Lee Harris in The American Prospect:
In the spring of 2011, heavy rainfall swelled the Mississippi River to record levels, flooding trailer parks and pushing up gas prices as refineries and fuel terminals along the waterway closed. Surveying the wreckage, Heather McTeer Toney, then mayor of Greenville, Mississippi, found a crucial partner in Mars, Inc., the international conglomerate that makes M&M’s and pet food.
Mars operates an 80-acre rice farm in Greenville—its largest factory in the world. The company sent senior officials and shared its in-house risk assessment with Toney, which helped her plan the city’s police and fire response, design street upgrades, identify points of weakness in the wastewater and levee systems, and work with the Army Corps of Engineers.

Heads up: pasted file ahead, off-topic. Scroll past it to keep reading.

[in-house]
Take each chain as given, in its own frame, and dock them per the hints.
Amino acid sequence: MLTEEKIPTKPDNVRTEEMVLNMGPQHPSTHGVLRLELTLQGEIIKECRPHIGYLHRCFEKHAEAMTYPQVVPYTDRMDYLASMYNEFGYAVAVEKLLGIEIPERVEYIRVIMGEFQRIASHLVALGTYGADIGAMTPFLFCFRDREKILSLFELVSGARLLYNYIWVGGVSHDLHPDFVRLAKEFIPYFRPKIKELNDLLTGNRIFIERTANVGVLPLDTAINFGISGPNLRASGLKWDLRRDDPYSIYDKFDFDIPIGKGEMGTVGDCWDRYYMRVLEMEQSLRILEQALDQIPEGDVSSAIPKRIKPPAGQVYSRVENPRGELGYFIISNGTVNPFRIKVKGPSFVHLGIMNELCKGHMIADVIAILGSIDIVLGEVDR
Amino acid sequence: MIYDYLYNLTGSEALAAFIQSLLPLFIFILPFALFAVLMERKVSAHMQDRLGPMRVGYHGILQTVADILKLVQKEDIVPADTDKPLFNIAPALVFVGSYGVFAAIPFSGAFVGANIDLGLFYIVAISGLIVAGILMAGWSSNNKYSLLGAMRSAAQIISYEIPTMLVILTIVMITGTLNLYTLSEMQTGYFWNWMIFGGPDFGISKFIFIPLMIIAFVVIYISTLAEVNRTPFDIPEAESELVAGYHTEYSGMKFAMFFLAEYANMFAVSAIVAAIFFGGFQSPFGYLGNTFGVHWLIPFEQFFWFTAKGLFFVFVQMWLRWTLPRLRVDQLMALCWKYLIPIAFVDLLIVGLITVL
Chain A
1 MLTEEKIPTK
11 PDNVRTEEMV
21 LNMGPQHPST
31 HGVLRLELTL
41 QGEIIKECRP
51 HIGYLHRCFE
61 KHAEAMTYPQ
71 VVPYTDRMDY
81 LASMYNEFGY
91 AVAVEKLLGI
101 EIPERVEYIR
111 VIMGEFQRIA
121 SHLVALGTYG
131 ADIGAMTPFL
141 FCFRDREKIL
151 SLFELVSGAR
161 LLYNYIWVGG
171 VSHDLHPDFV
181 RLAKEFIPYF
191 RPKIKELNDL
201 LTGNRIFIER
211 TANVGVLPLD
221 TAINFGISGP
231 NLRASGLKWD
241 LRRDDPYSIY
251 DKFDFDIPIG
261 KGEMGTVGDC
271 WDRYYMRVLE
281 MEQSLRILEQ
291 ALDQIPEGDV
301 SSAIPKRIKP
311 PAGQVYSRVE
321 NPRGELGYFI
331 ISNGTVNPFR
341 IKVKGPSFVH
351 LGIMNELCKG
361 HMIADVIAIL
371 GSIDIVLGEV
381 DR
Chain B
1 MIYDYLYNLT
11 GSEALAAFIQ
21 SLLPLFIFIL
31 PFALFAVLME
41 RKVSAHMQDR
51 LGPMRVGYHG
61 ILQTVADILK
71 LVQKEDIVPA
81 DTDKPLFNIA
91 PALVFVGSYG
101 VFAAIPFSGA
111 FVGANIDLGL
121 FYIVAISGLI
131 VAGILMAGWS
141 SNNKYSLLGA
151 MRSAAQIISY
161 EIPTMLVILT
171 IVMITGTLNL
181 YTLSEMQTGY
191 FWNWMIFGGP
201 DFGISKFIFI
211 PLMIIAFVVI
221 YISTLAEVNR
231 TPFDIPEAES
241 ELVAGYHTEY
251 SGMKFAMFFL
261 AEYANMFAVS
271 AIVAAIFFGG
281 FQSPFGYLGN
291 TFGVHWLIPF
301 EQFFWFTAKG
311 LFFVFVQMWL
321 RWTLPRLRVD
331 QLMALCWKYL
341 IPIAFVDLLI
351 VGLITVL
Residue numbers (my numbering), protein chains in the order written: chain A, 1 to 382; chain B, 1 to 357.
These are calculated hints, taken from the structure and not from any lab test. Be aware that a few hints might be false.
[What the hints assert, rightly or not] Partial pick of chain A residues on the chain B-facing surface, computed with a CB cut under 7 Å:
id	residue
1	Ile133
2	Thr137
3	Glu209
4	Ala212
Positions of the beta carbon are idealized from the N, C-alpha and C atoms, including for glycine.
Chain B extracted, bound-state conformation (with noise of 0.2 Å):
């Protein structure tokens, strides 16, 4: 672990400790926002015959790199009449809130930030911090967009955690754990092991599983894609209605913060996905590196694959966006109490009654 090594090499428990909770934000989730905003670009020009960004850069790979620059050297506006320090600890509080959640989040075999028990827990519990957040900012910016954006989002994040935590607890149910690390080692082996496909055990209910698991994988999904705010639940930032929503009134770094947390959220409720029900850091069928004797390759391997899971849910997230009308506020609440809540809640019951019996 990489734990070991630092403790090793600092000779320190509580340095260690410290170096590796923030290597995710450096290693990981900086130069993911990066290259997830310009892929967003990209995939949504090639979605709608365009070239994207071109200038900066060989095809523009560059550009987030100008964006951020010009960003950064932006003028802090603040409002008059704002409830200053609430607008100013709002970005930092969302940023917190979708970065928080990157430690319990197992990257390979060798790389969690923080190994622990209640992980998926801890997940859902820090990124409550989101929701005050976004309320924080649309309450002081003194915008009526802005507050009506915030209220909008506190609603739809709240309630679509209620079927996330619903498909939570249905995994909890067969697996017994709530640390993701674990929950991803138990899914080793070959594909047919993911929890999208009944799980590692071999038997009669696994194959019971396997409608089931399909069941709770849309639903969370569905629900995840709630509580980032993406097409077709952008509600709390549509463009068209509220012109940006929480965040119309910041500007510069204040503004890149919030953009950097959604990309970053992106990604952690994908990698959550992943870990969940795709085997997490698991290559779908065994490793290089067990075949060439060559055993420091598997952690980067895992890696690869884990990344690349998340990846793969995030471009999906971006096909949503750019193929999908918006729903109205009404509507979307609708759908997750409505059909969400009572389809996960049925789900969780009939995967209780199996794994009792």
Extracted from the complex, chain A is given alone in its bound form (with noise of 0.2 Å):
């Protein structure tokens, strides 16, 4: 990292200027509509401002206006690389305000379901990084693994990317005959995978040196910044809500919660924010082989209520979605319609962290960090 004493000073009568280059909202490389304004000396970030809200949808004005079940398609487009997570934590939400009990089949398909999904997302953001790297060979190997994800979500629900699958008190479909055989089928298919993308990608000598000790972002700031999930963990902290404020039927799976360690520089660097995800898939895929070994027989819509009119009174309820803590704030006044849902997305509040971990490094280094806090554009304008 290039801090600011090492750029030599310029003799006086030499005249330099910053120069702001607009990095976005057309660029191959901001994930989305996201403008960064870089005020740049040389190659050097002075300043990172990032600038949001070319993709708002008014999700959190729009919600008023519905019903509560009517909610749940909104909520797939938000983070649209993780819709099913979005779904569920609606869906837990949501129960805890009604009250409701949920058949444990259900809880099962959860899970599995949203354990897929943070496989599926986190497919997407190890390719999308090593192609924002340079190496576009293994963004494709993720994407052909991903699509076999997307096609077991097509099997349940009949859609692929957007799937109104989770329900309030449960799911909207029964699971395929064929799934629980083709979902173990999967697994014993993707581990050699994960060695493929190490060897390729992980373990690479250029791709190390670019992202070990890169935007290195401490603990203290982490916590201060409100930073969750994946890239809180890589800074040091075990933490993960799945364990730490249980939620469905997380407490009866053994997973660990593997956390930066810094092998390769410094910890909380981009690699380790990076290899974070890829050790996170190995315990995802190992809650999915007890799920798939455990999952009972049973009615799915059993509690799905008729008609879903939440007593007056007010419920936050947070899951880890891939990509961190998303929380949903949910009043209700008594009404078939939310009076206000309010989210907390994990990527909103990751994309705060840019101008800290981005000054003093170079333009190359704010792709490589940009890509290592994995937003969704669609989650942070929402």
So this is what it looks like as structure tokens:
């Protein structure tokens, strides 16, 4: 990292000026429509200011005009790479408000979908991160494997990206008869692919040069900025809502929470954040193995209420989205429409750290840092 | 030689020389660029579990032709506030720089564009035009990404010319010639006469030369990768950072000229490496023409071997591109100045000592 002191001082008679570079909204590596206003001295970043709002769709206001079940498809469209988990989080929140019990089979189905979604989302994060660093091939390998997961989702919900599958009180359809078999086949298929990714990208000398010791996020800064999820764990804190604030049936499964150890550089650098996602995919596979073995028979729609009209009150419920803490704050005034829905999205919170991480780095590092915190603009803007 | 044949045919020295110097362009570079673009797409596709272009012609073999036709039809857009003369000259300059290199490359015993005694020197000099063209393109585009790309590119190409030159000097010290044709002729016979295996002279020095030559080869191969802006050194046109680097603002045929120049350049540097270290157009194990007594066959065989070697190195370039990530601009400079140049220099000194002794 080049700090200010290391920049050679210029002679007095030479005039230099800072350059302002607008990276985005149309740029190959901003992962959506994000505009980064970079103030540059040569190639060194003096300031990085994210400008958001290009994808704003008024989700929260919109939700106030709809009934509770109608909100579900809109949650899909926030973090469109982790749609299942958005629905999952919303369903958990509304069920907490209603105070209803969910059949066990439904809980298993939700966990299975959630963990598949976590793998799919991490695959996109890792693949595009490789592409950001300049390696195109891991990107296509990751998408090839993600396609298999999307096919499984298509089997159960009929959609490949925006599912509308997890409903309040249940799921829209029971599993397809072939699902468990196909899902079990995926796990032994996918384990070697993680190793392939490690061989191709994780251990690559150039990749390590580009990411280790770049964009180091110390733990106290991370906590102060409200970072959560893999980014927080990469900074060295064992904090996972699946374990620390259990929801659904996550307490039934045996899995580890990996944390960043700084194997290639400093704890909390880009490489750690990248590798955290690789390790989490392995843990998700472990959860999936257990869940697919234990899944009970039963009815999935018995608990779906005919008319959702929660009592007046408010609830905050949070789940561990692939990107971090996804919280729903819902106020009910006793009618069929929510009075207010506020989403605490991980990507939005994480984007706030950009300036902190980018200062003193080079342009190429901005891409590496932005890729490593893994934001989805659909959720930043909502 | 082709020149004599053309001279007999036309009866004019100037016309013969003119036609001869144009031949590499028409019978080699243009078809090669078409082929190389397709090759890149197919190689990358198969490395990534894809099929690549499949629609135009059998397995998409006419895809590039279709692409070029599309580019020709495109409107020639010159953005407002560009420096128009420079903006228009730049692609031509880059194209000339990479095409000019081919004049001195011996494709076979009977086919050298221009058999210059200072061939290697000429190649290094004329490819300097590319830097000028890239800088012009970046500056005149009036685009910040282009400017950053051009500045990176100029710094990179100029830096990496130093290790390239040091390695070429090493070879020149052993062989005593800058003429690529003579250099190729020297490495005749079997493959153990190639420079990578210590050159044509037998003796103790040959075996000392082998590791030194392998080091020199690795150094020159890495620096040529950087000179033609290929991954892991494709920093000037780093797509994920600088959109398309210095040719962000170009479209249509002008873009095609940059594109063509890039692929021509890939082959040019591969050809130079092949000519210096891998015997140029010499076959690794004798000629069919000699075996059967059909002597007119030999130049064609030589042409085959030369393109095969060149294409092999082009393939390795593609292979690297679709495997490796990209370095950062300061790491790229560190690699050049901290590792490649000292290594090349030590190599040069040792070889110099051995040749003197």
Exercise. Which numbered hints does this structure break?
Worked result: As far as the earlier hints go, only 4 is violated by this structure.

“Today, we would call that climate risk,” Toney told the Prospect, but at the time it was “just protecting infrastructure.”
Local officials, civil engineers, and homeowners describe a growing need for information on exposure to the risks of extreme weather. In the past five years, demand has exploded. But not all cities have an anchor business as willing to share as Mars, and many might prefer not to depend on private industry for public planning.
Financial markets and private companies, meanwhile, are in an “arms race” for climate intelligence. Some firms have announced decarbonization plans, while others are pledging to double down on fossil fuels. Regulators, struggling to keep up, have asked for more disclosure.
Private climate risk modelers have been the beneficiaries of this gold rush. Their guidance falls into two buckets: physical risk, or material exposure of assets to hazards, or transition risk, which includes fallout from policy changes, impact on the financial system, and reputation.